Kia ora koutou Mo te wiki ō te reo Māori!
The Aotearoa New Zealand Association of Social Workers (ANZASW) supports the celebration of te wiki ō te reo (Maori Language week).
The Association supports Te Reo Maori as a a recognised language and is our countries indigenous native language and is our point of difference with other countries. The Association supports all efforts to return the language to its rightful place as our native indigenous language as a centre point for all New Zealanders who call Aotearoa home.
ANZASW acknowledges the systematic way that Aotearoa New Zealand’s indigenous culture was suppressed historically, including through deliberate efforts to discourage the use of Te Reo Maori. We support promoting the more widespread use of the language is an important part of efforts to reverse the damage wrought by colonial dispossession and tackling structural discrimination against Tangata Whenua.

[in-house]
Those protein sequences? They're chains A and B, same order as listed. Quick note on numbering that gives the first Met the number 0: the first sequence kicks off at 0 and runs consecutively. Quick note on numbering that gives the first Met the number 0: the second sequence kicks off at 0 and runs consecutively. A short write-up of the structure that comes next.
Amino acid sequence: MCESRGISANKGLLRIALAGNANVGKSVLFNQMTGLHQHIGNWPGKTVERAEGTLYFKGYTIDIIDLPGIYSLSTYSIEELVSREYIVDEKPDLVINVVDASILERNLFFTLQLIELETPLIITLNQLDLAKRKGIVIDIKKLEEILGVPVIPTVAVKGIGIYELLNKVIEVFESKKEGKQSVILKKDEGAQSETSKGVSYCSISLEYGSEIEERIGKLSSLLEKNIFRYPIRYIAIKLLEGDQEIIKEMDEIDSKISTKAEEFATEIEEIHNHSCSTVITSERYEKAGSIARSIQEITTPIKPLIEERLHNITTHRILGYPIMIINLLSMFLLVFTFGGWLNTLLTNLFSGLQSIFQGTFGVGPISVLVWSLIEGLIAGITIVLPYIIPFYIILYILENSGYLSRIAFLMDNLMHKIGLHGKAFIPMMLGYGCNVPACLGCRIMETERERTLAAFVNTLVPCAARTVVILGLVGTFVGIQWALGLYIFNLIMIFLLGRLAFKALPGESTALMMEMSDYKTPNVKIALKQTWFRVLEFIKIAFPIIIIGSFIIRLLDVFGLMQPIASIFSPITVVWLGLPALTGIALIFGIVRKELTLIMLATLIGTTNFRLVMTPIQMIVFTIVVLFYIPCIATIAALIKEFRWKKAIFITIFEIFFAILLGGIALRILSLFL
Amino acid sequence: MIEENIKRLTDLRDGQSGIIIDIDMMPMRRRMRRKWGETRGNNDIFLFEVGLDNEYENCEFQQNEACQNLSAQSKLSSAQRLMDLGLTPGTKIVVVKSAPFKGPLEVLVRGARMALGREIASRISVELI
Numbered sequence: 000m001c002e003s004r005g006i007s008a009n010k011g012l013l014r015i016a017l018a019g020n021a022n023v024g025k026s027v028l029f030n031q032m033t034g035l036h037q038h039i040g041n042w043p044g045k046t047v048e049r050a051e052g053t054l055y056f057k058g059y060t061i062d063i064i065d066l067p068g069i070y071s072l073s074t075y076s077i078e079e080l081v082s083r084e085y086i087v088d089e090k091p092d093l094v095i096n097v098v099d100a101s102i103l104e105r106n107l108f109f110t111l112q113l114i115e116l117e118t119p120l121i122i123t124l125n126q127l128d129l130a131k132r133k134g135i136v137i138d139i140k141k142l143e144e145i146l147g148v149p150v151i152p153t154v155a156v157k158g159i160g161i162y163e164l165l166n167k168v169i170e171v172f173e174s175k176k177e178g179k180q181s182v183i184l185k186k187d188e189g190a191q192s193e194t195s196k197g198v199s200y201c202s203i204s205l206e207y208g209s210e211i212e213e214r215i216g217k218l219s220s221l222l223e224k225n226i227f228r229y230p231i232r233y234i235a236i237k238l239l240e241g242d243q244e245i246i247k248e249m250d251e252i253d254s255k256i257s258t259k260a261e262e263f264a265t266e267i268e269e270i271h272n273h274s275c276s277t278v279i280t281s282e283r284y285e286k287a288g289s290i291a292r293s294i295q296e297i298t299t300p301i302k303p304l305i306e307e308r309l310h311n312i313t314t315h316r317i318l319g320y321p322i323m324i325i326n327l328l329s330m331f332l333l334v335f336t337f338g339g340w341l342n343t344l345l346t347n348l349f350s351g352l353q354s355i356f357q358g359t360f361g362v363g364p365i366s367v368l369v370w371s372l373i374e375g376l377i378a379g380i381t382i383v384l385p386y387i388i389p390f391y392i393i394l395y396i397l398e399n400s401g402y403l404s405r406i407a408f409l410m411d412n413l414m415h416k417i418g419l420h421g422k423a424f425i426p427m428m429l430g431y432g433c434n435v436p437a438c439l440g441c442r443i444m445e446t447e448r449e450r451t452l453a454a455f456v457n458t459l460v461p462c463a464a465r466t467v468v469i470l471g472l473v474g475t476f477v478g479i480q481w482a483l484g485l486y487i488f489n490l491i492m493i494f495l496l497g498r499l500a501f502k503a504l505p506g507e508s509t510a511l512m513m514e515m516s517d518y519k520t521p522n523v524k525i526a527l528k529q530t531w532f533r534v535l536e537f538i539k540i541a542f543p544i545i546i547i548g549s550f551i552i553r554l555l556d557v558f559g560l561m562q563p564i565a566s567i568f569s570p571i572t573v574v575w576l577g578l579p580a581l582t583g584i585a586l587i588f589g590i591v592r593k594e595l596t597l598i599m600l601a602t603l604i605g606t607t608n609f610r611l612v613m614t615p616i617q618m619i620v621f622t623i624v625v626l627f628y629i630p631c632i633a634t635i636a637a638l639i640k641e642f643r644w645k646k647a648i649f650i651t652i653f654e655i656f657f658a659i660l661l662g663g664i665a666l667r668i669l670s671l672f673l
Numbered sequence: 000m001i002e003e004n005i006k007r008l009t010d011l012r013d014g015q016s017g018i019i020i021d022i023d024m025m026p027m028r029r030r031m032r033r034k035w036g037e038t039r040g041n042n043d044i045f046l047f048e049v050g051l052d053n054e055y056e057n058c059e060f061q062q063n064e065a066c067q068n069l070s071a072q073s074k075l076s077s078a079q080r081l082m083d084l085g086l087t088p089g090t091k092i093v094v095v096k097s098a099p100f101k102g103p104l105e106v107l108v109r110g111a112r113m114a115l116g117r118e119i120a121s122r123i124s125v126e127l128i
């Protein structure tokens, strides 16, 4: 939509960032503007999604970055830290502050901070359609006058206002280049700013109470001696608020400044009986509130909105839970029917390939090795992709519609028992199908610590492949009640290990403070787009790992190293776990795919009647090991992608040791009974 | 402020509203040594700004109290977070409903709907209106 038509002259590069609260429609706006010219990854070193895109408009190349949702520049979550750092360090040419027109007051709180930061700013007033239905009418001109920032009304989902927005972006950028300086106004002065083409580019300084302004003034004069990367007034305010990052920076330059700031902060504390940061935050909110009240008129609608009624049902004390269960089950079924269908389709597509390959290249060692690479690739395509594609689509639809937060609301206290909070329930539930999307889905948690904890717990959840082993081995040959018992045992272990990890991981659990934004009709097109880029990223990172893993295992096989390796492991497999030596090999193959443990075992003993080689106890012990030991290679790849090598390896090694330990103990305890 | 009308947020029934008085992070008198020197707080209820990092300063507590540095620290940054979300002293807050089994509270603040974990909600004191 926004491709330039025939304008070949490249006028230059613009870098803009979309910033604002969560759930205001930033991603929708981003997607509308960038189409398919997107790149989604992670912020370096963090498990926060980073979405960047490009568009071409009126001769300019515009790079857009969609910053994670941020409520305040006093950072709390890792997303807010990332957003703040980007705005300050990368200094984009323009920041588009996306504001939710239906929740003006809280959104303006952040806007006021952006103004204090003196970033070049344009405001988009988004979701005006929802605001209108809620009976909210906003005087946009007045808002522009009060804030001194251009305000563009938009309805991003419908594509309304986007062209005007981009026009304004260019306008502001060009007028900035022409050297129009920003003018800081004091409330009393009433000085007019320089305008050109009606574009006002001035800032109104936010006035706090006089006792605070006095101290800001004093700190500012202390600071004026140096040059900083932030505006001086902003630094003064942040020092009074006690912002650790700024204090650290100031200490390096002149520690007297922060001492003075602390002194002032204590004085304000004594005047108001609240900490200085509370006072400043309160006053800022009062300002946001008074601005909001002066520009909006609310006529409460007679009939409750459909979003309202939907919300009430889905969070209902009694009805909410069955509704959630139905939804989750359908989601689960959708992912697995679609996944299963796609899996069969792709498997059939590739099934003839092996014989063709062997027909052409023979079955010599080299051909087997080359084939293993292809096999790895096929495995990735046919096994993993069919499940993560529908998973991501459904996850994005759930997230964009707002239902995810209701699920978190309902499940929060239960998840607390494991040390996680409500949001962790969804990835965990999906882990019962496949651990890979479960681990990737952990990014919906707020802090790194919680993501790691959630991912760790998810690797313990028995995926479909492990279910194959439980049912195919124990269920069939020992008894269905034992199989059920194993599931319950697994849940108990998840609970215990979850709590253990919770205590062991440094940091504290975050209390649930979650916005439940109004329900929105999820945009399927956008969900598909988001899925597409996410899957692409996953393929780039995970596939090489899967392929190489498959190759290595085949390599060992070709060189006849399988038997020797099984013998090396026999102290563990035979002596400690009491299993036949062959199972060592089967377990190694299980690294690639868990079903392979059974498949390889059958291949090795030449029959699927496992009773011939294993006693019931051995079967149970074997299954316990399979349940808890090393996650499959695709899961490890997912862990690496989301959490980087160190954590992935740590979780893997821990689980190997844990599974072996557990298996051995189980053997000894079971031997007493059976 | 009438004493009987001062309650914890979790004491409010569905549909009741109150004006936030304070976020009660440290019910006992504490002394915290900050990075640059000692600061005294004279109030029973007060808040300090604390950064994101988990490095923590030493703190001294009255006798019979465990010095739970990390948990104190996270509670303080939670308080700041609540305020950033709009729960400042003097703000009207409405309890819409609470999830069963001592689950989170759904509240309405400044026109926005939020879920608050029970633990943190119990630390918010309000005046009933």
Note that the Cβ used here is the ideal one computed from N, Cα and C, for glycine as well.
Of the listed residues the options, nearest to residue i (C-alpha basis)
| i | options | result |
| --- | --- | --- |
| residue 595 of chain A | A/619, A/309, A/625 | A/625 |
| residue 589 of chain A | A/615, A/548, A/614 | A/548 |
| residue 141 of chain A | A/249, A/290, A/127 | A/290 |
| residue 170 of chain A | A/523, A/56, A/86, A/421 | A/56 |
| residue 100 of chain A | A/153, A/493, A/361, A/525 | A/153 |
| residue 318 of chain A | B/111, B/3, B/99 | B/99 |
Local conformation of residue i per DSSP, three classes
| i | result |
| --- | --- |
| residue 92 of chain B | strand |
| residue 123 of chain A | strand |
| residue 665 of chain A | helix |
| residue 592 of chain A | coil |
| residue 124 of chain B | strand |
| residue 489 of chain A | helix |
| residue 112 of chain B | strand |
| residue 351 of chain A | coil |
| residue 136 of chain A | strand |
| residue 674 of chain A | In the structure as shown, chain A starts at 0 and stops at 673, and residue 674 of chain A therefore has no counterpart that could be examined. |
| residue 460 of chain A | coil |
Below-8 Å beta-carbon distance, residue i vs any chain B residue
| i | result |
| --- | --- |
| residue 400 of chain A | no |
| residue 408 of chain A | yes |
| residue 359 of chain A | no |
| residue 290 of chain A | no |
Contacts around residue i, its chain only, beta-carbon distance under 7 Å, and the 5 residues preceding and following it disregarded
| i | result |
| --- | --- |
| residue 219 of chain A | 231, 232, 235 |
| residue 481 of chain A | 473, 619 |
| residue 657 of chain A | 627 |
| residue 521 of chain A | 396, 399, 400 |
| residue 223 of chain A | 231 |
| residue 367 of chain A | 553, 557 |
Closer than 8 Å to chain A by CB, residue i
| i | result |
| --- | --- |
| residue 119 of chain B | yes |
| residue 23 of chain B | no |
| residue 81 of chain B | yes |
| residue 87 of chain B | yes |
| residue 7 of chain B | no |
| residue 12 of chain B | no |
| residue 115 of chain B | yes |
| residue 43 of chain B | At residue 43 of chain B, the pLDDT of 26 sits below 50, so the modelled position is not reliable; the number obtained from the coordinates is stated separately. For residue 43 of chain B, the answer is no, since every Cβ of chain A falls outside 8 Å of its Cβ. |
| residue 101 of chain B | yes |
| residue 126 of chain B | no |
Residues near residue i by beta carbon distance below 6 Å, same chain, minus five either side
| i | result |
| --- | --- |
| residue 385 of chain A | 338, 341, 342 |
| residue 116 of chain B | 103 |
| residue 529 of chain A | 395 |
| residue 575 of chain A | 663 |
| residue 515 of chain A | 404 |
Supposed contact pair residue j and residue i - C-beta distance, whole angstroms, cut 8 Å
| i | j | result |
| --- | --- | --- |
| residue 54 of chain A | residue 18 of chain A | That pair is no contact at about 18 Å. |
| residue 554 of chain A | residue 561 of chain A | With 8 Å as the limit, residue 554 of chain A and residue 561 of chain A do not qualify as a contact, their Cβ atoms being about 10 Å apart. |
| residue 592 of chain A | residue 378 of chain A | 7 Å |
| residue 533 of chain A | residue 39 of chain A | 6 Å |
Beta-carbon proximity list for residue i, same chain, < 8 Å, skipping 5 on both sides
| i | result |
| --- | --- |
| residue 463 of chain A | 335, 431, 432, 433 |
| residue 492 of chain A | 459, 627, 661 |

The Association supports the future opportunities where more dedicated Te Reo teachers will be required to support the education system from primary school onwards where the aspiration is result that more New Zealanders will become fluent in the native language of Aotearoa.
We welcome and support the more widespread use of Te Reo by State own agencies and where they use various media platforms where the machines of government play such a key role in shaping and framing political discourse. It is important that the use of Te Reo in these contexts is used to support Te Reo Maori develop and honours the founding document Te Tiriti of the binding partnership between the Crown and Tangata Whenua
As social workers working in Aotearoa we ensure that in our practice particularly with Tangata Whenua the importance of Te Reo Maori in our social work practice and the importance of Te Reo Maori with the clients and colleagues we work with. Te Reo Maori is a critical component to be considered as part of the key competencies in registration of being able to engage and work with Tangata Whenua. ANZASW is committed to the principles of protection, participation and partnership with Tangata Whenua; and look forward to the future of seeing a bilingual Aotearoa New Zealand..
Kia Kaha te Reo